Saturday, February 14, 2015

valentines, a horoscope, rubber cement, hockey: A Special Valentine's Day Edition from Pea Picklin' West

Yes, it is Valentine’s Day and I’ve sent a few cards of my favorite kind:


to a friend or two, and I’ve started a project of every day clipping my horoscope from the L.A. Times, a subscription to which I started at the beginning of the year and I must admit that except for clipping the horoscope and the crossword puzzle (to wrangle with another day) I’m not paying much attention to the Times, having turned my attention instead to Gwen Ifill and Judy Woodruff on PBS NewsHour which I watch first thing every morning, getting last night’s news today.


After I clip the horoscope I swab its backside with rubber cement and paste it in a datebook, thereby building a collection of daily horoscopes which may amuse me one day. This is why I was so happy to buy rubber cement a week or so ago. It is the perfect—the only—adhesive for this project. You see, my father used to clip box scores from the Chicago Tribune and paste them on the green-tinted pages of a steno book. Rubber cement was his chosen adhesive, so must it be mine.


As I recall, he did this for hockey games—the Chicago Blackhawks—not baseball, and is it still a box score if it is hockey? I associate box scores with baseball. Anyway, exactly why he did this, I don’t know. He had season tickets to the Blackhawks and would go with a friend who smoked a pipe. This was back in the 1960s. The games were on Sunday nights, and if the sweet scent of pipe tobacco was wafting about our front door you knew it was Sunday, the Hawks were at home, and Dad was not. At these games my dad would keep score (again, exactly how you keep score at a hockey game, I don’t know, it has something to do with penalty minutes and the exact timing of a goal, I think, as I went with my dad to one, maybe two games at the stadium—the old Chicago Stadium—which was hugely cavernous, dark, all cement and steel and echoing noise and cold. When a goal was scored everyone stood and yelled like crazy. My dad sat there, scribbling in his notebook. My mom went to a game once. As the story goes, a goal was scored and someone promptly dumped a beer on her head. So that was that. So much for hockey.)


Back then rubber cement came in a small, brown glass jar with a screw-on lid made of metal with a brush attached to its underside so that the brush came out of the jar laden with rubber cement and that distinct rubber cement smell. After clipping the box scores (or whatever they are called in hockey), my dad placed them face down on another sheet of paper and liberally brushed their backs with the gooey cement, going well beyond the edge of each clipping. The residual cement could then be rubbed off the paper and rolled into balls. That was the fun of it. Not watching Dad pasting box scores in a steno pad, but making those little rubber cement booger balls. These days rubber cement comes in a plastic jar, not glass, but otherwise it seems much the same. Except I’ve not once been tempted to roll it into a booger.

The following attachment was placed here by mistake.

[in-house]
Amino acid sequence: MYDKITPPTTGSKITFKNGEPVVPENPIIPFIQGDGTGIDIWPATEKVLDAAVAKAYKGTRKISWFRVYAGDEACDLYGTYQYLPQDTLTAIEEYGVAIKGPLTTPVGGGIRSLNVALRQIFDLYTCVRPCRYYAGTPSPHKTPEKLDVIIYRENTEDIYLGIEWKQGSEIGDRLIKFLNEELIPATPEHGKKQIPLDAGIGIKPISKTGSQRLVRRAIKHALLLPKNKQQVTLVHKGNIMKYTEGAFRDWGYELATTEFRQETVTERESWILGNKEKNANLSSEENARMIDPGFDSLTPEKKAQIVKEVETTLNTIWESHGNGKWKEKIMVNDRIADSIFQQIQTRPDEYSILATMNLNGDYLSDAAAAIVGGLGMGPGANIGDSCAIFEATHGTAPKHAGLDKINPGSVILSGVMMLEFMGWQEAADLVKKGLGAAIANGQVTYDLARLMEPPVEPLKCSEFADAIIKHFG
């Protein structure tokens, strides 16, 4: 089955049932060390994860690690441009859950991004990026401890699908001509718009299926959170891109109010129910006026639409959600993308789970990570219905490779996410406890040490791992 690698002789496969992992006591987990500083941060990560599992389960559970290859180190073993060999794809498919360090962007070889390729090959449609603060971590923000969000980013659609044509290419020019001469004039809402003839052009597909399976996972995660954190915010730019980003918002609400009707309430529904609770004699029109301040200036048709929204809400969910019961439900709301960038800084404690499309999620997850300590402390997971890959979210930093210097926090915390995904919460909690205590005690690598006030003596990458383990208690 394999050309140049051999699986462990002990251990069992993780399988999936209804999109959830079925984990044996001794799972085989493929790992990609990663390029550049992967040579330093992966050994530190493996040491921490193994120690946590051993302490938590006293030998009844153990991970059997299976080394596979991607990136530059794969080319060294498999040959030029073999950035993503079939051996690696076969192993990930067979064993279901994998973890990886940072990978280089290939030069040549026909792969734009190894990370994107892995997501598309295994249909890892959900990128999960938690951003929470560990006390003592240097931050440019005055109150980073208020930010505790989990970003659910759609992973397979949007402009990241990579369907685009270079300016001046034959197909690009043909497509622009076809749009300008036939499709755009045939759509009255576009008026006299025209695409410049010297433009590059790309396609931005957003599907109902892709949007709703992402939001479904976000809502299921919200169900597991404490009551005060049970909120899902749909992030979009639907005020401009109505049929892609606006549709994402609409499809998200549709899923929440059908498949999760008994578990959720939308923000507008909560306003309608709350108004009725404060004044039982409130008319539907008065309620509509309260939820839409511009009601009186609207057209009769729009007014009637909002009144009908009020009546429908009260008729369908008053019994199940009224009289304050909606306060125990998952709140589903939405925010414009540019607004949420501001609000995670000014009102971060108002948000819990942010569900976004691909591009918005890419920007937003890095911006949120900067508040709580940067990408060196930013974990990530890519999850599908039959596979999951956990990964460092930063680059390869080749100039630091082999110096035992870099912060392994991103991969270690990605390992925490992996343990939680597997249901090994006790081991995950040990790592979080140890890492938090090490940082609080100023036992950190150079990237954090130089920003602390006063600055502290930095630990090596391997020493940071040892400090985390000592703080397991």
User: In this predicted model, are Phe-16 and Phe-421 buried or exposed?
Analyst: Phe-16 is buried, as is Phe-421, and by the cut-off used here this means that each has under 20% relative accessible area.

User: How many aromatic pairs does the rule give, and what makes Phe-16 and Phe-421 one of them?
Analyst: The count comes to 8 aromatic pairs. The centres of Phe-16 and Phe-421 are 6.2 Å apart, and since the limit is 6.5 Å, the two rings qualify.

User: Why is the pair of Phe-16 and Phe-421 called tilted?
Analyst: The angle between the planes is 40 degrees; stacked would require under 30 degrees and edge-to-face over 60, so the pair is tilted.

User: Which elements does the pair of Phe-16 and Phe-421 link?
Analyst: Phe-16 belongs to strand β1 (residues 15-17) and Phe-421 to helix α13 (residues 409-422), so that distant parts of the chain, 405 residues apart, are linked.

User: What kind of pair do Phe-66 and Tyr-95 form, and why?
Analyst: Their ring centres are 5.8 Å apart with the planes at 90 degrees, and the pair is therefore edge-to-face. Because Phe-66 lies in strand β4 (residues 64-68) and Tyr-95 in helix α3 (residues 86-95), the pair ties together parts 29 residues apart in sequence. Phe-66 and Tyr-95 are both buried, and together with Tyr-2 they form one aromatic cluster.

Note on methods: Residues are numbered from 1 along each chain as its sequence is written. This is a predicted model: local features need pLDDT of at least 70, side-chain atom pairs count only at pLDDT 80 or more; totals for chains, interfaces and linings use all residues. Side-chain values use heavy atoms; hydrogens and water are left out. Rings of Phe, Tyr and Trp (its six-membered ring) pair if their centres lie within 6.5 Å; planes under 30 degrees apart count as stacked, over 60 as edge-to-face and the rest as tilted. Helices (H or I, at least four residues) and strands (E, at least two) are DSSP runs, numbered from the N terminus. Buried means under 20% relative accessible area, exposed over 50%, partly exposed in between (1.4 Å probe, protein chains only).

Uh oh.

No rubber cement boogers?

Have I lost my joy?

So today’s horoscope was this:


It came after I had sent off some friendly valentines. It seems today my horoscope and I are on the same page. Even though I am not Finnish.


Sitting earlier this morning with Josie curled at my side watching the news I thought what a wonderful little valentine he is, and then I saw that his curled body made the shape of a perfect little half heart. Later, as we walked, as we do every morning, it was warm with a low, bright sun, and I was very aware of how when we return home to the U.P. I will miss the ease of these walks. One big difference between living where the weather is reliably warm and sunny as opposed to living where the weather can easily be six feet of snow and another blizzard is the ease of things like daily walks.


If today I were home in the U.P., a morning walk with Josie would have been something entailing a lot more time, a lot more effort, and maybe we would not have been able to do it at all. There is, after all, or so I hear, a blizzard out that-a-way, and Josie is, after all, short-legged. So maybe we would not have walked this morning. Or this afternoon. Would I have missed it? I have always loved a blizzard—its force, its dominance, its wildness, its beauty, the incredible stillness it leaves behind—so maybe we would not have missed walking. Maybe we would have had a barrel of fun trying to walk. Maybe Josie would have made me laugh bounding through drifts of snow as Buster used to do. Maybe a fire in the woodstove and the wind whipping around the cabin would have made us feel all snug and cozy and so very lucky to be warm and dry.


But, as I always say, who knows? Perhaps the answer lies somewhere in my next horoscope. Until then: